Yesterday, I heard the news that Maxwell's, the famed music club with international recognition in Hoboken N.J., is closing after July 31. The news struck me hard: I've been to Maxwell's more times than I can remember and so many of my best musical memories are wrapped up in that place. It was a lifeline to twentysomething me.
I lived an hour's drive from New York City in a seemingly ultra-backward suburban New Jersey town. It became a destination as comfortable as going to a friend's house for a few beers and some tunes. Except the music was live and more eclectic than I'd ever hoped for. It was as if my college radio station had come to life. In the early 1990s, I lived within walking distance of the club, making it a quicker trip to see bands.
It was a club I never felt out of place in, with good food and beer, a jukebox filled with the best indies and oldies rockin' the front bar. I met one of my best friends there, and recorded my first radio interview there with R.E.M.'s Peter Buck and Mike Mills after one of the band's early live shows. I even tried out to be a fill-in soundperson -- which I thankfully decided wasn't for me -- but I ended up engineering many live broadcasts there for my other radio station, WFMU.
Here's a partial list of some of my favorite shows and musicians I remember seeing at Maxwell's:
The Mekons: The best New Year's Eve I can remember, in 1992; Singer Sally Timms was chewing gum and wearing a sparkly tiara, the band rocking our brains out, and so hot in there that our collective sweat dripped off the ceiling.
Richard Thompson: This night in the early '90s was the first time I saw him play solo acoustic, squeezing into a spot near the front of the tiny stage. And his opening act, the late Vic Chesnutt, was a totally unexpected delight.
American Music Club: I saw Mark Eitzel fronting American Music Club many times (and many times drunk out of his skull, but still superb). Guitarist Vudi once let me hold his custom-made guitar because I admired it.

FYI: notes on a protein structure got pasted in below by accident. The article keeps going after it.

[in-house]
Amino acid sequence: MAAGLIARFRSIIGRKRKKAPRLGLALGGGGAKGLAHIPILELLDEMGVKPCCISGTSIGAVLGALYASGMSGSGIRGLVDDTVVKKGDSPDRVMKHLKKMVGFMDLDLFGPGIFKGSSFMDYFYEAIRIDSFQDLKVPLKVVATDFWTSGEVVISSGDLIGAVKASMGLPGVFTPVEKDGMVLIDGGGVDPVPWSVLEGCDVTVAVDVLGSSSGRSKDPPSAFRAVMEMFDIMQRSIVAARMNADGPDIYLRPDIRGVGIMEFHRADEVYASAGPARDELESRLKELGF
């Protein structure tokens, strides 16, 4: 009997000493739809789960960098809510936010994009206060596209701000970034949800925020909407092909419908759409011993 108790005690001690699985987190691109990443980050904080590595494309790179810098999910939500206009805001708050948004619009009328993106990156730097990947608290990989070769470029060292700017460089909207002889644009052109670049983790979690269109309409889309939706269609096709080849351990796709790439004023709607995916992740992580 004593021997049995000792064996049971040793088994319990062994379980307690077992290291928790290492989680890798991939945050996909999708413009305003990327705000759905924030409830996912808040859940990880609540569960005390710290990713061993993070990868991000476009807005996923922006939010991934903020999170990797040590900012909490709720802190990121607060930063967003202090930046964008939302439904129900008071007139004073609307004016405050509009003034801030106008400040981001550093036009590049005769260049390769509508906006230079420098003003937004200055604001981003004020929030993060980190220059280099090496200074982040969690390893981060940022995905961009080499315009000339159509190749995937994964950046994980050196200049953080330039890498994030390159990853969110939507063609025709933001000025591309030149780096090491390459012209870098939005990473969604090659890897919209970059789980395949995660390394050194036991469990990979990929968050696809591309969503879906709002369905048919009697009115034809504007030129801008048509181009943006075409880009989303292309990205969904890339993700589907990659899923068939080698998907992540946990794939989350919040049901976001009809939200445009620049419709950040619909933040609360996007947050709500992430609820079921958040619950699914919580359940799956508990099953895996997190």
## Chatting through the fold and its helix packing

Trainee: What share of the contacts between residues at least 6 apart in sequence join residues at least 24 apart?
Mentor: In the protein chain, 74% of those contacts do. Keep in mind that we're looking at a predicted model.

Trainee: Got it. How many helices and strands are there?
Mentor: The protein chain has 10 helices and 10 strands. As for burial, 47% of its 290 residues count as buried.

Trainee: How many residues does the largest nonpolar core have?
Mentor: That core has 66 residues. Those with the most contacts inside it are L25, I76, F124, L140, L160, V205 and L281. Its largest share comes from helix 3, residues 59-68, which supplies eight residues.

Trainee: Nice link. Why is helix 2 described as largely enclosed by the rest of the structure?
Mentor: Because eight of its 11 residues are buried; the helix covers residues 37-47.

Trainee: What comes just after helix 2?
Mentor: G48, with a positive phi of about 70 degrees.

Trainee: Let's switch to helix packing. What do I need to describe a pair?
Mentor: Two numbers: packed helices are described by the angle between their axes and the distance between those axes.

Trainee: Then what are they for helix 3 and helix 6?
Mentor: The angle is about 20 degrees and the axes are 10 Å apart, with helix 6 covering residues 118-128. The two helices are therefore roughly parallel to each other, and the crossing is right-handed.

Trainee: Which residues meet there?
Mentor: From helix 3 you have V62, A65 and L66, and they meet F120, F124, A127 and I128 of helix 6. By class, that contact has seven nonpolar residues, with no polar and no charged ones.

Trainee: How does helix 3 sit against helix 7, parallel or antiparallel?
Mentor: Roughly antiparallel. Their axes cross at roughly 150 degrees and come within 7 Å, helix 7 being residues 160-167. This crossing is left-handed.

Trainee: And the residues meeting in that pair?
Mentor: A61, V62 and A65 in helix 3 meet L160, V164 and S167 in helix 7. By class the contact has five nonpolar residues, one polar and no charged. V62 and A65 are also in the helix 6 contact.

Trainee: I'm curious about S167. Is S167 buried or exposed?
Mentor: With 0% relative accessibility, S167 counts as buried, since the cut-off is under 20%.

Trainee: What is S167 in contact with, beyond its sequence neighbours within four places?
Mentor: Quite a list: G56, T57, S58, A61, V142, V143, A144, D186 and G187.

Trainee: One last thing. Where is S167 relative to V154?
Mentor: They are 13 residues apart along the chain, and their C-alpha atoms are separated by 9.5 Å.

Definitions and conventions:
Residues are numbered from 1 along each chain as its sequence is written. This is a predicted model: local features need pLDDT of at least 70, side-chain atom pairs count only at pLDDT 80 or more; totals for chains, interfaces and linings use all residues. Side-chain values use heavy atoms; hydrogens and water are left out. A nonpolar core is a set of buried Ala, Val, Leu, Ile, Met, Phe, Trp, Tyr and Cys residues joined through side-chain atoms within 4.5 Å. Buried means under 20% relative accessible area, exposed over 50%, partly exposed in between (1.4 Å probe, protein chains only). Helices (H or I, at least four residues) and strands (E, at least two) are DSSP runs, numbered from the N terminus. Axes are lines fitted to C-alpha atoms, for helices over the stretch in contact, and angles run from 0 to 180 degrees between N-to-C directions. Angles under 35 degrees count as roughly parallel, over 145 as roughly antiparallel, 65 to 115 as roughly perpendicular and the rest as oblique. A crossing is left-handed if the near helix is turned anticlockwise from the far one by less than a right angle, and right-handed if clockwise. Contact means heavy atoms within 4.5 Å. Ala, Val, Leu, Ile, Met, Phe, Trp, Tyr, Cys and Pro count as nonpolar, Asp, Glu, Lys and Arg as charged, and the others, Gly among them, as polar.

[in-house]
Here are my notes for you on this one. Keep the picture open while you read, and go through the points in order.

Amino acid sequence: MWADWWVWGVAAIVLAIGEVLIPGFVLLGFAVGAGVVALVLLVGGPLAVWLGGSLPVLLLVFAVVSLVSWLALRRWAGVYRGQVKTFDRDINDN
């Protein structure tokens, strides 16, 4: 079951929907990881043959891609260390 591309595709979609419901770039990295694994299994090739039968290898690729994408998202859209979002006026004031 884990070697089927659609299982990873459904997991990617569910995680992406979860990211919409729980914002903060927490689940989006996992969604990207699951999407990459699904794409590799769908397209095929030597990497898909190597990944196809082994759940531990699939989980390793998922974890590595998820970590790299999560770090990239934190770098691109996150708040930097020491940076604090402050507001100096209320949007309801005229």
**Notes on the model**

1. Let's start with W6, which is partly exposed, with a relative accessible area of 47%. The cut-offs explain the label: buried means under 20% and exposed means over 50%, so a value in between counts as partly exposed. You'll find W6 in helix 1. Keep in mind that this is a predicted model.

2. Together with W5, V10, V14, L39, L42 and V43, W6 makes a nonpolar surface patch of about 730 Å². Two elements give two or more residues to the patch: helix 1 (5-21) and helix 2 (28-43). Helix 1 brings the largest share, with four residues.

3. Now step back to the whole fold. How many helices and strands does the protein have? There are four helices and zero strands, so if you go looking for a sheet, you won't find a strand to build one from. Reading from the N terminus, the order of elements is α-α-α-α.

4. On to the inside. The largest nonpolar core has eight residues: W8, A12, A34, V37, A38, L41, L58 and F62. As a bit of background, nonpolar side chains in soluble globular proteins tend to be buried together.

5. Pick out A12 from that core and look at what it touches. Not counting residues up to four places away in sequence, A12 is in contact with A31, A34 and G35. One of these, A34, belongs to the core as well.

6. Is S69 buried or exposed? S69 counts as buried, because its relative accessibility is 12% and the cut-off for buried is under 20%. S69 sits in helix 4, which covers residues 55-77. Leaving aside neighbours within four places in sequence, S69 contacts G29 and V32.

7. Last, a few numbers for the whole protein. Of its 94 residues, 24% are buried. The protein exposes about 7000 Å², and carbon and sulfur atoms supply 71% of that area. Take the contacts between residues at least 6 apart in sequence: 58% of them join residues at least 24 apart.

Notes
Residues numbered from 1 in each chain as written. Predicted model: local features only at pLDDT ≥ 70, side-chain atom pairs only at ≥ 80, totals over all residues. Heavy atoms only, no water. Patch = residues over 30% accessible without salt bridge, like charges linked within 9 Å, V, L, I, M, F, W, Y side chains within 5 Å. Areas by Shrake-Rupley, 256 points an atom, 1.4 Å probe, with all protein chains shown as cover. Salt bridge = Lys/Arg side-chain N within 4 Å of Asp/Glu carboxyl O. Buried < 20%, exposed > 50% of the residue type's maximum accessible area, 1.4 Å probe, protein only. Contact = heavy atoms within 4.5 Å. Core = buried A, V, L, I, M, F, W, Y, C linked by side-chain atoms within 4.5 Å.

Kevin Ayers: I dragged a date named Peter there so I could record Ayers in a rare appearance in 1993, with Gary Lucas and David Thomas opening. (The date worked out: Peter's my husband now.)
The Fleshtones: At a show in the early '80s, with the band churning out surf-style garage rock, frontman Peter Zaremba singled me out of the audience, cradling my head and singing and testifying about having "a personal Fleshtones experience."
Robyn Hitchcock: I caught Hitchcock many occasions both solo and with a band, one night in 2005, Hitchcock surprised everyone by singing "Kung Fu Fighting" as he walked into the audience, with guitar in hand, getting the crowd to sing along.
And then there were countless amazing shows from the likes of The Pixies (as an opening act!), Throwing Muses, The Bongos, Tiny Lights, The Feelies, Yo La Tengo, Speed the Plough, R. Stevie Moore, Husker Du, Bob Mould, The Fall, Incredible Casuals, NRBQ, The Mommyheads, The dB’s, Continental Drifters, The Bats, The A Bones, Hazil Adkins, Alex Chilton. So many others, too many forgotten.
I'll admit my patronage of the club diminished once I married and moved to Manhattan. Parking near the club became an impossibility. But I'd also fallen out of love with Hoboken in general as drinking fans, not music fans, seemed to be overtaking the town near the PATH station and spreading. Maxwell's had fallen on bad times in the '90s as well, and sold to some people who tried to turn it into a microbrew pub with an unimaginative booking policy. Todd Abramson, along with Sonic Youth's Steve Shelley and Dave Post of The Amazing Incredibles, eventually rescued the club, bringing it back to its former glory.
Unfortunately, all good things come to an end and the club owners feel it's time to close the club for good. As one of my friends put it, "It's like a death in the family." But I will always remember all the good times and great music.
So what's your "Maxwell's Moment"? Tell us your favorite concert memory or share a personal story about the rock club in the comments section below, on Twitter at @Soundcheck, or call us and leave a voicemail at 866-939-1612.
In addition to serving as Soundcheck's technical director, Irene Trudel has hosted shows on WFMU for nearly 27 years.